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“In the 19th century, a ‘populist’ movement influenced the policy of the United States”

THEhe opposition between the governing parties and the so-called “populist” parties is at the heart of our political news. The history of the “populist revolt” in the United States at the end of the XIXe century, little known in France, can help to think about it (Ages of American Capitalism, Jonathan Levy, Random House, 944 pages, untranslated).

A long phase of price decline then exacerbates social tensions. Particularly affecting agricultural products (the price of wheat fell by half from 1870 to 1900), it led farmers and rural areas of the Midwest to rebel against the elites of the Northeast, perceived as arrogant and subservient to big industry or to international finance.

Reduction of the monetary base

Farmers (who still represent nearly half of the working population) are protesting in particular against their dependence on large railways, locally in a monopoly position. The inflation following the Civil War (1861-1865) led in 1873 to the suspension of the minting of silver coins in order to stabilize the currency, based in fact on the gold standard.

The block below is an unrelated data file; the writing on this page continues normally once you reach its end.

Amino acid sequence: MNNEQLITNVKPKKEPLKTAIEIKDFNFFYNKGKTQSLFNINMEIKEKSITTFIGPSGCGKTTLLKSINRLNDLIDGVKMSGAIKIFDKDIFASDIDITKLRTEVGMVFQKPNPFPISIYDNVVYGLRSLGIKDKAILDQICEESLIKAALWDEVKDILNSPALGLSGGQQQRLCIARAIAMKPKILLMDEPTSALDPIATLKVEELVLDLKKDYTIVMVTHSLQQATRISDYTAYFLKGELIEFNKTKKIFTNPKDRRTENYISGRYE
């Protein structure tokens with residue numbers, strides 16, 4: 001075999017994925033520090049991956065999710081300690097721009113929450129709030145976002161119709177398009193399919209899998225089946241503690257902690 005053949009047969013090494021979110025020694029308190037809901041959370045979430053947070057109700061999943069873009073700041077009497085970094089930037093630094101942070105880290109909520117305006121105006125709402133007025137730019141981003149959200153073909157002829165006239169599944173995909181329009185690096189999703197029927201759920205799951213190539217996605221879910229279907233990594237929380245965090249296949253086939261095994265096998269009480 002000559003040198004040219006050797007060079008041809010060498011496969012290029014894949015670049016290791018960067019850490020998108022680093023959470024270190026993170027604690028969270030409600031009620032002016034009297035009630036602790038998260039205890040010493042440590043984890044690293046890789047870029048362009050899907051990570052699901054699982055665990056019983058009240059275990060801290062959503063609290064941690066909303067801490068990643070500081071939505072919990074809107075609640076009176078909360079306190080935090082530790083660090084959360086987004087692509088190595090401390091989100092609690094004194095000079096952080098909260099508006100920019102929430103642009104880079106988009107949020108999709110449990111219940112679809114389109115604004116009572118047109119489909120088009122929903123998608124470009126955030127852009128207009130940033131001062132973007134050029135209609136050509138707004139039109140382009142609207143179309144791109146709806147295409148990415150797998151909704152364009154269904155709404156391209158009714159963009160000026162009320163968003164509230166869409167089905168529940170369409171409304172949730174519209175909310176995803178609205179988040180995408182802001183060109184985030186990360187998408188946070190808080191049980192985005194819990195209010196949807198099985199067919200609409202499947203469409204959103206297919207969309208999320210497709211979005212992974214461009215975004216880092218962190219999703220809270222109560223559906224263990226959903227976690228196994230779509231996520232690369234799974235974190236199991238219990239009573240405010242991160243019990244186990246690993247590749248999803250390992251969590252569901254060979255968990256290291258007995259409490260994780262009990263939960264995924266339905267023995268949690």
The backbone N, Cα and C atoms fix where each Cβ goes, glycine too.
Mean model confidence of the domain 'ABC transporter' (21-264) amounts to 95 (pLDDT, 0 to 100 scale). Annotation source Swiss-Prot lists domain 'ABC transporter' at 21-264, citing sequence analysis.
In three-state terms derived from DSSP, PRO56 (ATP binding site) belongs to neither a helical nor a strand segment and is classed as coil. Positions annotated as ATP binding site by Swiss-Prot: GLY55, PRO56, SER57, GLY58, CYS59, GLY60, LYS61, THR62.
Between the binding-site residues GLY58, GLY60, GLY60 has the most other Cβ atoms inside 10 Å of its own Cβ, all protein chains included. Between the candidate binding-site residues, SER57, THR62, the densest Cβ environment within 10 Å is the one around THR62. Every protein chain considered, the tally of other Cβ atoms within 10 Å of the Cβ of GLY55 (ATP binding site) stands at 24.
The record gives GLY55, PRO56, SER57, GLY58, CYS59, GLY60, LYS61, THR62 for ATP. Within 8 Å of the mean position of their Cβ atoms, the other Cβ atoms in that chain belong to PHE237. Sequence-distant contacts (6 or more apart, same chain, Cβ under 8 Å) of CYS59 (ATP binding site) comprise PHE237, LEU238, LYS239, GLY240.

The silver mines are victims of the resulting depreciation (especially since the phenomenon is not confined to the United States – France and Germany, among others, also abandoning silver); above all, in a metallic monetary system, this reduction in the base also leads to a fall in credit and prices, worsening the weight of debts, while at least a third of the land is mortgaged. The gold standard is thus perceived in the agricultural and mining west as the choice of New York bankers wishing to insert the United States into the international credit system to the detriment of the people.

The Populist Party has sown seeds. The progressive movement which developed after 1900 in the big cities took up a large part of its demands

The Farmers’ Alliance, created in 1877, was first and foremost a dynamic mutual insurance company. She obtained some regulations from the railways, but failed to develop credit unions. It leads in 1891 to the creation of the Populist Party, which renews a nationalist, religious tradition, hostile to large companies, large cities, intellectuals and the internationalism of the North-East, but ideologically heterogeneous, especially on the racial question. He calls for the nationalization of the railways and the telegraph in the name of the natural monopoly, income tax, a bimetallist or even fiduciary monetary system, and even envisages the vote of women.

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